• The lack of a Federal-Municipal relationship. Municipalities are creations of their respective provinces, and as such they have no official constitutional relationship with the Federal Government. That's why any federal cash intended for municipalities passes through the Provincial Government first.   
But enough about the problems, it's time for some change in the municipal sector and here are a few ideas that could help it get to the place where local governments are strong, healthy and accountable. 

Put Your Money Where Your Mouth Is
If we're going to refit the system then we have to begin with the big question of municipal financing. If you really want to know more about the situation around municipal financing the go read the recent report on Municipal Fiscal Sustainability prepared by Dr. Wade Locke on behalf of MNL. Be warned that the full report is just over 500 pages. If we accept the idea that the current system of municipal financing is inadequate then we must come up with a solution that takes a new direction beyond the current Municipal Operating Grants (MOGs).  And beyond the dollars themselves is the need for a sustainable financial system that allows for long term stability and minimizes Provincial Government influence.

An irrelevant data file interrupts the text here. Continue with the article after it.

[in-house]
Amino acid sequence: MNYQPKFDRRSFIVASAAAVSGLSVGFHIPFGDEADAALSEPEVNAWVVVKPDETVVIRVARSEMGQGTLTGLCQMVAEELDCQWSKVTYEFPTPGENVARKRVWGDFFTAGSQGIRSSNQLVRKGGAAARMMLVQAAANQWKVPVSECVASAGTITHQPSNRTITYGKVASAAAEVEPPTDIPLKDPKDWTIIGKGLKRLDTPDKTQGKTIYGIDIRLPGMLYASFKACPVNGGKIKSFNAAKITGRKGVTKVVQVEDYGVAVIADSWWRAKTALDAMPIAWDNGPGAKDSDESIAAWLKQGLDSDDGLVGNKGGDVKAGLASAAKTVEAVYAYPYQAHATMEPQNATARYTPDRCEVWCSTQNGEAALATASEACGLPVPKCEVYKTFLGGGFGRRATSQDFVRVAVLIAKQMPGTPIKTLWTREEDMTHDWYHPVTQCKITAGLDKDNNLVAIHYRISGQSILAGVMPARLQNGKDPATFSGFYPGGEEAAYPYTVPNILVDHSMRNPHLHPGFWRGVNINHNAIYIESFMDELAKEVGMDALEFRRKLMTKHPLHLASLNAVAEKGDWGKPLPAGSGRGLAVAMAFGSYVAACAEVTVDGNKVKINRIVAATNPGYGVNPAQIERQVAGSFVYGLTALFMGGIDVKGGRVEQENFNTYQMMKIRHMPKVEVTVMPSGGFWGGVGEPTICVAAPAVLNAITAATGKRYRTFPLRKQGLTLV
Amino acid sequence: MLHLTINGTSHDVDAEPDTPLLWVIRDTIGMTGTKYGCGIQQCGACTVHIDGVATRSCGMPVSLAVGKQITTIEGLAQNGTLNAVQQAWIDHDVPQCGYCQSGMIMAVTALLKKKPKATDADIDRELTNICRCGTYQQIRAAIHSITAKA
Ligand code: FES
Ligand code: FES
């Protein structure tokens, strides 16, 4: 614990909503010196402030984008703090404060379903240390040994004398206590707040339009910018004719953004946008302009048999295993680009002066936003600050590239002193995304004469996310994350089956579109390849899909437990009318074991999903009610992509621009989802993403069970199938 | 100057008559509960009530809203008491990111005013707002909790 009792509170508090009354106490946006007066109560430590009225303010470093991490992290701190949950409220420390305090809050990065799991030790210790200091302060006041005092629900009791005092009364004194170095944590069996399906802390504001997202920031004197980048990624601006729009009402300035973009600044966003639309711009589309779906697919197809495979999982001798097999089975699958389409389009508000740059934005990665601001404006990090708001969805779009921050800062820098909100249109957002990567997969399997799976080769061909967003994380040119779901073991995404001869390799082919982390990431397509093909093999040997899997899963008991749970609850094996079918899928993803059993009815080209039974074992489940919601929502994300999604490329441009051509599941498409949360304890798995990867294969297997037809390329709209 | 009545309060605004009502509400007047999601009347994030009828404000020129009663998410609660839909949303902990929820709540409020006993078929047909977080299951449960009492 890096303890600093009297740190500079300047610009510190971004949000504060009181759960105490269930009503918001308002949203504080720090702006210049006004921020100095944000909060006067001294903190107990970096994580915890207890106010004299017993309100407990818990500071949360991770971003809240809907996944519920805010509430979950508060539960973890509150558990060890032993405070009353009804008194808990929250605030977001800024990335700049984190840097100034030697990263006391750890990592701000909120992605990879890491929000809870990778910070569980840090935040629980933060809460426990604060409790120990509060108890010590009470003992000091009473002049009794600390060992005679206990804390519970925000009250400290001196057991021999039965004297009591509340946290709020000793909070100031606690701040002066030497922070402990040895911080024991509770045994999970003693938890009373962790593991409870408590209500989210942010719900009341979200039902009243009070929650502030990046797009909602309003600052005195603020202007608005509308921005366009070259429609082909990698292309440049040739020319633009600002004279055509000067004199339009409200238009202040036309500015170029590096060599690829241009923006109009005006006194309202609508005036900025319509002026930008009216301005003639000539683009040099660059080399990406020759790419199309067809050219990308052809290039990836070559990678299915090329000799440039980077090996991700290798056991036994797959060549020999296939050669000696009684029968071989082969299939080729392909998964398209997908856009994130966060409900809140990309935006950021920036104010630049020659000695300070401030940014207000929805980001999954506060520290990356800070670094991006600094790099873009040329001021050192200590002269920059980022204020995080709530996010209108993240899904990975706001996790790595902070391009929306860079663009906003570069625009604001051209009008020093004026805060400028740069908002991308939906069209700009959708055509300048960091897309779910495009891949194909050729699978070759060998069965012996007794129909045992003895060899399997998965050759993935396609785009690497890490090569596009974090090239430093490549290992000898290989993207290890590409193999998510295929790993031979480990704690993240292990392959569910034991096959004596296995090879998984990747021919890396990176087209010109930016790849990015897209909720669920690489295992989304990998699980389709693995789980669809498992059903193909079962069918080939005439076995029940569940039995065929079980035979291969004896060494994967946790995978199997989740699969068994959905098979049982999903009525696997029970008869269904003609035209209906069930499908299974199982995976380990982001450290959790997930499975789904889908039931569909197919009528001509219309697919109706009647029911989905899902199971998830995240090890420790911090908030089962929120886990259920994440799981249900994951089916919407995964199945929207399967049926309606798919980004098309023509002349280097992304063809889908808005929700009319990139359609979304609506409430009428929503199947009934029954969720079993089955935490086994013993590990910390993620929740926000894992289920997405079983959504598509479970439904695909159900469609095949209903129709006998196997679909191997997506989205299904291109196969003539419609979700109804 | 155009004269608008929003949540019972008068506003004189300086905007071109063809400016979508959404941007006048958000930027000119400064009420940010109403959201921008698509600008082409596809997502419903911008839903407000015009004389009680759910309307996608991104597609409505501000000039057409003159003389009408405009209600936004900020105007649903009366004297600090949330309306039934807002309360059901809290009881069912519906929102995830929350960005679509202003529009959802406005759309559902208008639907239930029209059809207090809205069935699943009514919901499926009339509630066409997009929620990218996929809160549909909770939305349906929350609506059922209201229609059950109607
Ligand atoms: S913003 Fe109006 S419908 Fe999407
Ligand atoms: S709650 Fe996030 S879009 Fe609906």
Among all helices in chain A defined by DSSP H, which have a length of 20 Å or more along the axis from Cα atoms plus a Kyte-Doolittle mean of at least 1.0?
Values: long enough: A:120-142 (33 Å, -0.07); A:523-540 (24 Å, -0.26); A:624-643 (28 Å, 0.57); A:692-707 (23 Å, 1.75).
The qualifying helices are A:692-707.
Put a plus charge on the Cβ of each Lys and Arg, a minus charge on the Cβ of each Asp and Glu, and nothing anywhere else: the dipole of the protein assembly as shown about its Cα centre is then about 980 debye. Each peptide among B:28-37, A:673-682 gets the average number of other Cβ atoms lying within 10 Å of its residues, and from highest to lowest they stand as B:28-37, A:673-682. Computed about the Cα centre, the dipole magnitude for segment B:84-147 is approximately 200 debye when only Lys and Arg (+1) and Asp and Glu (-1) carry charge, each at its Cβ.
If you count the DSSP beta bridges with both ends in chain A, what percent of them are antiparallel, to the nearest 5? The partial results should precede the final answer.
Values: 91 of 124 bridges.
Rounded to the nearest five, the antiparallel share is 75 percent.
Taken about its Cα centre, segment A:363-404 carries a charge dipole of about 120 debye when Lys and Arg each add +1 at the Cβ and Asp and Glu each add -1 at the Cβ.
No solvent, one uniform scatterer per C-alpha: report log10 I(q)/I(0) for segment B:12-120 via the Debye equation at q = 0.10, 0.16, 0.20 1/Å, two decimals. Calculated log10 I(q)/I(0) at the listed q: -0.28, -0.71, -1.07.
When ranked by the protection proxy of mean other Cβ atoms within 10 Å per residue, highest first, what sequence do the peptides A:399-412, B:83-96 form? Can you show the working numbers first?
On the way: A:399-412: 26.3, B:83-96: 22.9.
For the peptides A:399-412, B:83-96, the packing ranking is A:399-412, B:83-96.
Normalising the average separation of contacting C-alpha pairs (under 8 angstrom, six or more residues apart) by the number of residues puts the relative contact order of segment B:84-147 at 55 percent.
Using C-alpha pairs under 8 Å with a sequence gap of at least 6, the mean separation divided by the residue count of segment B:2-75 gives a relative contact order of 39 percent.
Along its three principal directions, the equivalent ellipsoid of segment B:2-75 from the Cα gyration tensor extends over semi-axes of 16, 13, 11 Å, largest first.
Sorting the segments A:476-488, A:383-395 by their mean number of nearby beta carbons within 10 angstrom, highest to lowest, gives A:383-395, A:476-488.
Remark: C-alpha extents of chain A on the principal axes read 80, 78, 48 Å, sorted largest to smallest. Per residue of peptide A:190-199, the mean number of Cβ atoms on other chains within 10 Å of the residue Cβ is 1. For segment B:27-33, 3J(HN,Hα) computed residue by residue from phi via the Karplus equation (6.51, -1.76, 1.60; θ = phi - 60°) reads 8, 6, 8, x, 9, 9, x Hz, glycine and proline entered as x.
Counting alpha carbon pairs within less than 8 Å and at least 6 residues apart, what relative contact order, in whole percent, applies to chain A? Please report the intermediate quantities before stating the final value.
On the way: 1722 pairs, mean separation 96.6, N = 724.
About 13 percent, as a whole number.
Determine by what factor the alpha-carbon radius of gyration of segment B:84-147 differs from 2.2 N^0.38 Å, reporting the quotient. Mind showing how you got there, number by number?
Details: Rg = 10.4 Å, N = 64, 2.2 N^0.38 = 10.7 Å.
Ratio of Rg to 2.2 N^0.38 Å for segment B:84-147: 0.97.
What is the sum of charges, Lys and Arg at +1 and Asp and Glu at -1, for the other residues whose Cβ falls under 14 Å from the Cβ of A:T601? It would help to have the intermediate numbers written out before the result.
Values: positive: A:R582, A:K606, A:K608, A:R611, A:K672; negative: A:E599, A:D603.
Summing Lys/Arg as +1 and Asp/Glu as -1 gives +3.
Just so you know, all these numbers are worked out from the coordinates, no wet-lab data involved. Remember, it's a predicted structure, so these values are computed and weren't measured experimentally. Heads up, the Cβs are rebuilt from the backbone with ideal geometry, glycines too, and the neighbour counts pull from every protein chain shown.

Dr. Locke's report examines the potential benefits of implementing a 1% increase to personal income tax or a 1% increase to sales tax (HST) to supplement the existing municipal revenue streams. He also recognizes that even those increases might still leave some smaller municipalities without sufficient revenue, and he discuses the idea of a municipal equalization program to redistribute some of the available funding. The impacts of either of these two tax increases would be an increase in municipal revenue of between 10% and 25%, with the income tax increase providing an average increase of 20% across the province.

Whether or not you agree with an increase in your income tax you have to realize that you may be choosing between an increase in income tax, an increase in property tax or a cut in your basic services. What's it gonna be? 

A Solid Foundation